For most of our time on VMS & RDB we suffered from severe performance problems. Our failure in addressing the problems was two-fold - the infrastructure team didn't have good performance data to feed back to the developers, and the development team considered performance to be an infrastructure/hardware problem. This resulted in a series of frantic and extremely expensive scrambles to upgrade VAX/Alpha server hardware. It did not however, result in any significant effort to improve the application design.

Between 1993 and 2005, we cycled through each of:
  1. Standalone VAX 4000's
  2. Clustered AlphaServer 4100's
  3. Standalone AlphaServer GS140's
  4. Standalone AlphaServer GS160's
And of course mid-life upgrades to each platform. 

Each upgrade cost $millions in hardware, and each upgrade only solved performance problems for a brief period of time. The GS160's lasted the longest and performed the best, but at an extremely high cost. At no point in time did we drill deeply into application architecture and determine where the performance problems originated.

During that time frame we got advice from Gartner that suggested that moving from VMS to Unix was desirable, but moving from RDB to Oracle was critical, as they did not expect Oracle to live up to their support commitments for the RDB database product. So in 2009 we moved from 35 individual RDB databases spread across four GS160's, to one Oracle 10G database on a Sun Microsystems E25k, in a single, extremely well implemented weekend-long database migration, platform migration, and 35:1 database merger. Kudos to the development team for pulling that off.

Unfortunately we carried forward large parts of the poor application design and transferred the performance problems from RDB to Oracle. At time though, the DBA's were part of my team. I had a very good Oracle DBA and Unix sysadmin, both of whom were able to dig into performance problems and communicate back to developers. We were pretty good at detailing the performance problems and offering remedies and suggested design changes. 

Though performance slowly got better, the full impact of poor application design was yet to be felt.

As soon as the databases were combined and hosted on SPARC hardware, continuing with the GS160's made no sense. They were costing $600k/yr in hardware and software maintenance, now were significantly oversize, and were still running the dead-end OpenVMS operating system. This put us in a tough spot. The development team was focused on minimizing their commitment to any re-platforming and was only interested in a move from AlphaServer to Itanium. For me, Itanium (or Itanic, as I called it at the time) was a dead end, and our only move should be to Unix (Solaris). But because the cost to migrate to Itanic was much lower - the application would only have to be recompiled, not re-platformed - the Itanic advocates won the argument. We ended up purchasing Itanium blade servers at a 3-year cost roughly equal to 18 months of support on the GS160's.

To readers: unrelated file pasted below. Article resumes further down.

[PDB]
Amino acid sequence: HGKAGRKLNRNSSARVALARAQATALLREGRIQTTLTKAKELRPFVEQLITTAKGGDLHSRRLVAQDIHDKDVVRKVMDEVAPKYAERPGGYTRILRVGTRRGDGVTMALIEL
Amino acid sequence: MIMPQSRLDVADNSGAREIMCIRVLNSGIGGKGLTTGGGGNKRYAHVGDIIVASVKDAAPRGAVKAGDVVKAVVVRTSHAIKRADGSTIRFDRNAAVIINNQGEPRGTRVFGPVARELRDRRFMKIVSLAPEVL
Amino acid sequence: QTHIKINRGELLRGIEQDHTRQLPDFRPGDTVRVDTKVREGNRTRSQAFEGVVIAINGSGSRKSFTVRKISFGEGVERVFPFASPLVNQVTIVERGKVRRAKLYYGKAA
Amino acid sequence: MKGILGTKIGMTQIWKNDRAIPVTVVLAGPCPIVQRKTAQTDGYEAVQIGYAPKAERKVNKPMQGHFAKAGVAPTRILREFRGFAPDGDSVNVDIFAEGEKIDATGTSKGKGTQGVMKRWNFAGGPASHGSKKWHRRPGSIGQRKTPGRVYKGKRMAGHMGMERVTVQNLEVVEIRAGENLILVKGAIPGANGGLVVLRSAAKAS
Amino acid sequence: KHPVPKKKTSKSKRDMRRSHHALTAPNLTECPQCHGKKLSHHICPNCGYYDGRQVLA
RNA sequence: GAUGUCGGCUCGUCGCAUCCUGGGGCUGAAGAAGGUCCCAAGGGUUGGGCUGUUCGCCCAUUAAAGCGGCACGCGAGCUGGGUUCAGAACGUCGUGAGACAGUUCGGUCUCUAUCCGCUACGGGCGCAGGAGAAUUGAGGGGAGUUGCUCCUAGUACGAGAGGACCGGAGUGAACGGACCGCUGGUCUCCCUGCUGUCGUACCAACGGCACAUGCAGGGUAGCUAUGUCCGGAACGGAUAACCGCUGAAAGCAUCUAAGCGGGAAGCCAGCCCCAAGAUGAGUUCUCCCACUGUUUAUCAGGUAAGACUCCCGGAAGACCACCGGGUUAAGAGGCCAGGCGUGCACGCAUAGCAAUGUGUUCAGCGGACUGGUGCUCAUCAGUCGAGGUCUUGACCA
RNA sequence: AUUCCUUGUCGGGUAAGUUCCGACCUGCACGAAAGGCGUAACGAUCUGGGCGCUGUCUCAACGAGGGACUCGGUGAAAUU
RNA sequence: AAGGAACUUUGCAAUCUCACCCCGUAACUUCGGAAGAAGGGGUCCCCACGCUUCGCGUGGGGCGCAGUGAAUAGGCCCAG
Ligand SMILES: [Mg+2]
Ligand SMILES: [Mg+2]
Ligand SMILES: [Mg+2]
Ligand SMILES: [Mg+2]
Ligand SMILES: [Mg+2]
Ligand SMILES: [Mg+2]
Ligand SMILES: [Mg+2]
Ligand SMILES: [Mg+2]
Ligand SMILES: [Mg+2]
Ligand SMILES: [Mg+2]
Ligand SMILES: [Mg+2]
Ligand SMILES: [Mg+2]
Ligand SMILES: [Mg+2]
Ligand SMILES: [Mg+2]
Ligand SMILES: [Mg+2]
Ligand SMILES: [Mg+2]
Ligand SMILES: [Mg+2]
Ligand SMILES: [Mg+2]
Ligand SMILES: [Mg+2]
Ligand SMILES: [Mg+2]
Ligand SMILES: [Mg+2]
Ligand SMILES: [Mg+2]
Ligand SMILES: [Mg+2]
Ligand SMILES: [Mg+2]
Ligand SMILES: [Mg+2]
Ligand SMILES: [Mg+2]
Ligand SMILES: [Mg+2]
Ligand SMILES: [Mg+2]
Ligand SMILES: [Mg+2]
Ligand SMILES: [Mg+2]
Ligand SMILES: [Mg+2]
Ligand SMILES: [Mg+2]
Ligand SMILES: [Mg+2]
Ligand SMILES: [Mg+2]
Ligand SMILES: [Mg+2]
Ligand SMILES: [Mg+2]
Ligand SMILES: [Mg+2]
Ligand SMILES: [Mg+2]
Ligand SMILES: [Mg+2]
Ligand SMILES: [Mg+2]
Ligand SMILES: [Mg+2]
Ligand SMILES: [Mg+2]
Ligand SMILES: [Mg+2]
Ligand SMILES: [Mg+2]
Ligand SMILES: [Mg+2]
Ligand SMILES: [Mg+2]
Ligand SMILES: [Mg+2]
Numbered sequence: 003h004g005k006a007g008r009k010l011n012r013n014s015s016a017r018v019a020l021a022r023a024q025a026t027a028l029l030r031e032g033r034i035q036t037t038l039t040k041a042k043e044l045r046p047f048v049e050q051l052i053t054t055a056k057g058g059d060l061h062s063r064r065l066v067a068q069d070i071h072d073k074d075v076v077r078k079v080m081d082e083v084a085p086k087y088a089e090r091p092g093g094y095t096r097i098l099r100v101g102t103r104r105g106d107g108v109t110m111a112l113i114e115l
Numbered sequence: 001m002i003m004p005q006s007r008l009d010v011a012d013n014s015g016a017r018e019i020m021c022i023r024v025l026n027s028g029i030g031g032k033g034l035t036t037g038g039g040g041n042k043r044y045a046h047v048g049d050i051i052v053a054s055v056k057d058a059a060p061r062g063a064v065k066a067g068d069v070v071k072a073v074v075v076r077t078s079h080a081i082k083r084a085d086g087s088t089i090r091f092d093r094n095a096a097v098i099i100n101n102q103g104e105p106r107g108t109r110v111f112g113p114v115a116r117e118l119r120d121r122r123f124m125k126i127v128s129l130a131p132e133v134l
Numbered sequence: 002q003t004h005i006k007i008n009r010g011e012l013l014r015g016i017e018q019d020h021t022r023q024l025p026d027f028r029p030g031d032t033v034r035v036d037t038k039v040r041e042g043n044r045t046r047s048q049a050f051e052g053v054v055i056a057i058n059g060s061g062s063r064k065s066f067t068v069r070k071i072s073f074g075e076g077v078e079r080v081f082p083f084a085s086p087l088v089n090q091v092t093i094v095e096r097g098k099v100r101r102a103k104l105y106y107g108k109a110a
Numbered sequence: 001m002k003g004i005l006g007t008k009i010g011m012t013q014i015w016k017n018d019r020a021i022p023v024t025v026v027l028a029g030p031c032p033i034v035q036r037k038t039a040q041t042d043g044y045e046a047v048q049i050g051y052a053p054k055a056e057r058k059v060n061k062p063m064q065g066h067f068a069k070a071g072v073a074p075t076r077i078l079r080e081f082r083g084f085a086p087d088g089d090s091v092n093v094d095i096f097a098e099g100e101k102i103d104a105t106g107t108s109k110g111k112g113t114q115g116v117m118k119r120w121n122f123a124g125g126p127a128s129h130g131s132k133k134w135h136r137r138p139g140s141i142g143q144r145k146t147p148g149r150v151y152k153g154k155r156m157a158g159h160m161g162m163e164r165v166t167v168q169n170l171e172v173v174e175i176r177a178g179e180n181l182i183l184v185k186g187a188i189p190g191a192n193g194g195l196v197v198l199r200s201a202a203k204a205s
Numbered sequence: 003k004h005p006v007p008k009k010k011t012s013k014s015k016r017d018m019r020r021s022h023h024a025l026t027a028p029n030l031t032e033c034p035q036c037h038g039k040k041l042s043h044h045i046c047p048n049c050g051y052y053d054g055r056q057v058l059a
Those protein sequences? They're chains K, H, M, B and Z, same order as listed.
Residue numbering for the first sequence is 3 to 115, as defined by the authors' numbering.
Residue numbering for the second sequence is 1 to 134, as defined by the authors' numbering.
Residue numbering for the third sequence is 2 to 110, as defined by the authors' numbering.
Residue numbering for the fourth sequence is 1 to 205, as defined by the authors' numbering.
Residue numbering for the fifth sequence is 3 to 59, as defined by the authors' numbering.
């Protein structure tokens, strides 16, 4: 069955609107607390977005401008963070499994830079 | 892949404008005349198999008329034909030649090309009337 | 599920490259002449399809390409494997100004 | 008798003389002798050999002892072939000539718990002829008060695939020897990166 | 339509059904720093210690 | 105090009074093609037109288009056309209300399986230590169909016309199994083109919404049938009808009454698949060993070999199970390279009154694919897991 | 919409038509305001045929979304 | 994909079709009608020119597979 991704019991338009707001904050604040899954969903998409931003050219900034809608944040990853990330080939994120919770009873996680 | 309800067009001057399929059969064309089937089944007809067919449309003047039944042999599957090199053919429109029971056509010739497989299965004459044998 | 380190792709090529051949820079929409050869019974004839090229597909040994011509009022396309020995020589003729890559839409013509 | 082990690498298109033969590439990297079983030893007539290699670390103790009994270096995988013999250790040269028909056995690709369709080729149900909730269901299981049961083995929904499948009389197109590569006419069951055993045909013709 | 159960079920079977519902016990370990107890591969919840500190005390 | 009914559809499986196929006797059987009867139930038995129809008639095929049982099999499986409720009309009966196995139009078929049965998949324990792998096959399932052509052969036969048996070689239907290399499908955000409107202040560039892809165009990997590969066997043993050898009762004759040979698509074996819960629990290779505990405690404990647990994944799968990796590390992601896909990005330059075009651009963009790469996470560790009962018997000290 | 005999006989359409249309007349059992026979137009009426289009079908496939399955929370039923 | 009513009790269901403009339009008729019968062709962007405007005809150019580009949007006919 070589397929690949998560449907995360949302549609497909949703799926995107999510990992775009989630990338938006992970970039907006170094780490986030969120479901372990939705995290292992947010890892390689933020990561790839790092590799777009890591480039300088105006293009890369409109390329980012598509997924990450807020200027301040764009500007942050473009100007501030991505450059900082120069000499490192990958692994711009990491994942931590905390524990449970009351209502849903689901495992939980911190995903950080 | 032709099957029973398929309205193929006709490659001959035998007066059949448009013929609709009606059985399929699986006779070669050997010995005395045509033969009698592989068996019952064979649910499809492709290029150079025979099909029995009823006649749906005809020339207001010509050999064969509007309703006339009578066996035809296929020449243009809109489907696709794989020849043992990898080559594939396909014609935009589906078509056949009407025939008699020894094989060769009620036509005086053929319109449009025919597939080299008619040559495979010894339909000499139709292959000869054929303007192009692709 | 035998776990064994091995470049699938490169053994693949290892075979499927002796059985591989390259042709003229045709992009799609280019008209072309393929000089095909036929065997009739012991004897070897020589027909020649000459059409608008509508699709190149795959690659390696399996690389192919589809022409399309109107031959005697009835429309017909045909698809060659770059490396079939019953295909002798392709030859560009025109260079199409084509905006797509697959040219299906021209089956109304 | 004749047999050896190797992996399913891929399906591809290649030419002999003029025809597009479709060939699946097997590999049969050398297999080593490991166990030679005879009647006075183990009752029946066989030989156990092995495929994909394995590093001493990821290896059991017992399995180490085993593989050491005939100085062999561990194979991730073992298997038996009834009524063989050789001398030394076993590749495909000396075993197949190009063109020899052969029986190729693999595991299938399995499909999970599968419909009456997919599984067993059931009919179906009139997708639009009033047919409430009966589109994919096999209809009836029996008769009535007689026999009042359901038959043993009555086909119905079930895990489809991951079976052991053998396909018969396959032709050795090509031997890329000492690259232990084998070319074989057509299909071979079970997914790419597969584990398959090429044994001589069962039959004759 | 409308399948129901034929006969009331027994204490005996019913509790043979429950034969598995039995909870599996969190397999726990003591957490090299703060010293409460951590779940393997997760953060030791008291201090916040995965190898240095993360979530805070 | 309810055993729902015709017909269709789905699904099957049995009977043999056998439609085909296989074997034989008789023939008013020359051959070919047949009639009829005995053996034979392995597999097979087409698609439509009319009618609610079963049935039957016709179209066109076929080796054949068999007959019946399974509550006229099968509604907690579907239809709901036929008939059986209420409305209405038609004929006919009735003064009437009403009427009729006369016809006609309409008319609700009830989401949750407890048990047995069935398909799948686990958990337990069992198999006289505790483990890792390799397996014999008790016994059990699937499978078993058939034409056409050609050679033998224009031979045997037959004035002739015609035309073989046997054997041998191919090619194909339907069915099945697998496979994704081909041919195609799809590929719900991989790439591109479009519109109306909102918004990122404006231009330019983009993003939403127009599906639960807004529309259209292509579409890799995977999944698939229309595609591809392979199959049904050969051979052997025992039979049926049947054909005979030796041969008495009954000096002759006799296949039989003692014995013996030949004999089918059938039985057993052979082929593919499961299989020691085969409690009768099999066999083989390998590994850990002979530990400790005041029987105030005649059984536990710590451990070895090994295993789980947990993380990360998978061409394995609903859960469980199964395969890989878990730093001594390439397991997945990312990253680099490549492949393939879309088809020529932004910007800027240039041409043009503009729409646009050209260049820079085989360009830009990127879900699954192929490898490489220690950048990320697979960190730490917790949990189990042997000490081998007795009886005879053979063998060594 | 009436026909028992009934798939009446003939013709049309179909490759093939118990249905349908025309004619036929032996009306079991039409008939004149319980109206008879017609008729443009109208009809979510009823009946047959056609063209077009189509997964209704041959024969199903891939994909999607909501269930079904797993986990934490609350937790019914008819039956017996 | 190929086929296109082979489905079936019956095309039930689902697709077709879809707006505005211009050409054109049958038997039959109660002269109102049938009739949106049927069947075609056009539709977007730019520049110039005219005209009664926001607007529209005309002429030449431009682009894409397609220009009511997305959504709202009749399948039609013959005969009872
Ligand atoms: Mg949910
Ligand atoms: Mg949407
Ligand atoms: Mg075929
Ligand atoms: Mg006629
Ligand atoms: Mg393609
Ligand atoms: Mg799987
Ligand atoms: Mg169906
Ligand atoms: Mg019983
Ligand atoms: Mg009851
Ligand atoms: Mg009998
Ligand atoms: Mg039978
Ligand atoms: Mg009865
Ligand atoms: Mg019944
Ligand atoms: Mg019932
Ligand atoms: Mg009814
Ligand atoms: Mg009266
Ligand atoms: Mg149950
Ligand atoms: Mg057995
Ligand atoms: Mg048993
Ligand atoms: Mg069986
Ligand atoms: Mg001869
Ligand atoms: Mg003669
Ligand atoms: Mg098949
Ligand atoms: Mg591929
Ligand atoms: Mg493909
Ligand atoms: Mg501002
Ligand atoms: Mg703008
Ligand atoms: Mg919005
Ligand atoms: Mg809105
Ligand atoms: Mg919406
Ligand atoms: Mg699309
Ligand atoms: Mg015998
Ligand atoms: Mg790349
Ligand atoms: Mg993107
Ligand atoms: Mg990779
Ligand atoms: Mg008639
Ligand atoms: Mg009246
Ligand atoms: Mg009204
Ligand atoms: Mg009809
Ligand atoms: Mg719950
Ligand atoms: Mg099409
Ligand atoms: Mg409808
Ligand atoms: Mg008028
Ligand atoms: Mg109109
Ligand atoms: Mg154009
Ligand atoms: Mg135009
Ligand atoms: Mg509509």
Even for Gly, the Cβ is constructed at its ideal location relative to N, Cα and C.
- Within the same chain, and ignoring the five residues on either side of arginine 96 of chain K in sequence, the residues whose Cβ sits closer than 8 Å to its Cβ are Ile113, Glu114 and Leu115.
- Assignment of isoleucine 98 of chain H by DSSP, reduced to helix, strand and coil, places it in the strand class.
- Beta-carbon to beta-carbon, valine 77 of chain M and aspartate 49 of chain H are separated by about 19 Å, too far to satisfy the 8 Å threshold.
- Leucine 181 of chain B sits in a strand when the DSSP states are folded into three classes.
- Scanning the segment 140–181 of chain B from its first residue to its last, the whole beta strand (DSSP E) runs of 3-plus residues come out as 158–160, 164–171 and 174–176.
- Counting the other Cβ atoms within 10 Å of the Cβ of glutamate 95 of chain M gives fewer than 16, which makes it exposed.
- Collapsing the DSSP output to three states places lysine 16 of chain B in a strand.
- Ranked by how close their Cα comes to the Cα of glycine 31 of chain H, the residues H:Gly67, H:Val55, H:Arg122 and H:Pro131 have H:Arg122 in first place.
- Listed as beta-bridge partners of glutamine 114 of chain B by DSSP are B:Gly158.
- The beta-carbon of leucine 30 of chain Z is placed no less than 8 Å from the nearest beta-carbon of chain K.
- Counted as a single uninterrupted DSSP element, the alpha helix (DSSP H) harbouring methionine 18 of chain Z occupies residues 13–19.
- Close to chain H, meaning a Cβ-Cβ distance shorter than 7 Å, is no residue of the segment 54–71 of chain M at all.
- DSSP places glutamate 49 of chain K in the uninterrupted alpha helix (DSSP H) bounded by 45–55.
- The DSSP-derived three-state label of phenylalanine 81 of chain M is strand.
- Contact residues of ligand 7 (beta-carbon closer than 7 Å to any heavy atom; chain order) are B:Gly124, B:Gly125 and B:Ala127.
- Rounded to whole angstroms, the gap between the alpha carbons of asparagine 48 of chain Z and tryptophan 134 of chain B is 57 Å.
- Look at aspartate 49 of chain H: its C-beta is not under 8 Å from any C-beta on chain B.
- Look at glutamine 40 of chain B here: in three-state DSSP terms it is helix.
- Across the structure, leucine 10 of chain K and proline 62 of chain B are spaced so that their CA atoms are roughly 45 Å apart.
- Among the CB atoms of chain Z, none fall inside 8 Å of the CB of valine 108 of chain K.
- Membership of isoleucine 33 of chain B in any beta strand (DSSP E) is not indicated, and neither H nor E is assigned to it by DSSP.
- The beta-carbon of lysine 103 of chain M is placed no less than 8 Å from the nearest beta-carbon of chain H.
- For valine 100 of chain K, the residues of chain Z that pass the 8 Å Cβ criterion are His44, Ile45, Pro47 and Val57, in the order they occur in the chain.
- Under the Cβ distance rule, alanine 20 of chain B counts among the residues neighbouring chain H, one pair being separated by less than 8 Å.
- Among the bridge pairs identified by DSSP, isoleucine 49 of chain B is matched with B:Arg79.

By that time HP's support for OpenVMS had eroded badly. Support for Oracle clients, Java, and other commonly used software was poor or non-existent. That OpenVMS was dead was visible to all but the few for whom OpenVMS was a religious experience.

As we were bashing the decision around in 2009, I strongly suggested that if we purchased Itanium in we'd be on the dead-end OpenVMS platform for five more years. I was wrong. We were on Itanium AlphaServer blades and OpenVMS nine years, until 2018. The (only) good part of that decision was that the Itanium blade servers ran very well and were inexpensive to maintain. And as OpenVMS was pretty dead by then, we did not spend very much time on patches and upgrades, as few were forthcoming from HP.

This is a case where our reluctance to take on some short-term pain resulted in our having to maintain a dead-end obsolete system for many years. 

Thirty-four Years in IT - Addressing Application Security (Part 7)

In the 2008-2009 period, we finally started to seriously address application layer security in our development group.

By that time is was clear that the threat to hosted applications had moved up the stack, and that the center of gravity had shifted towards compromising the web applications rather that the hosting infrastructure. This meant that our applications, for which essentially no serious security related effort had been made, had to finally receive some attention. Our development teams were not tuned in to the security landscape and thus were paying scant attention to web application security. As our home-grown applications exposure to the Internet was mostly limited to simple, student facing functionality such as course registration and grading, the lack of attention was perceived as appropriate by all but a few of us infrastructure and security geeks.

In other words, the dev teams were at the unconscious/incompetent level of the Conscious Competence Matrix.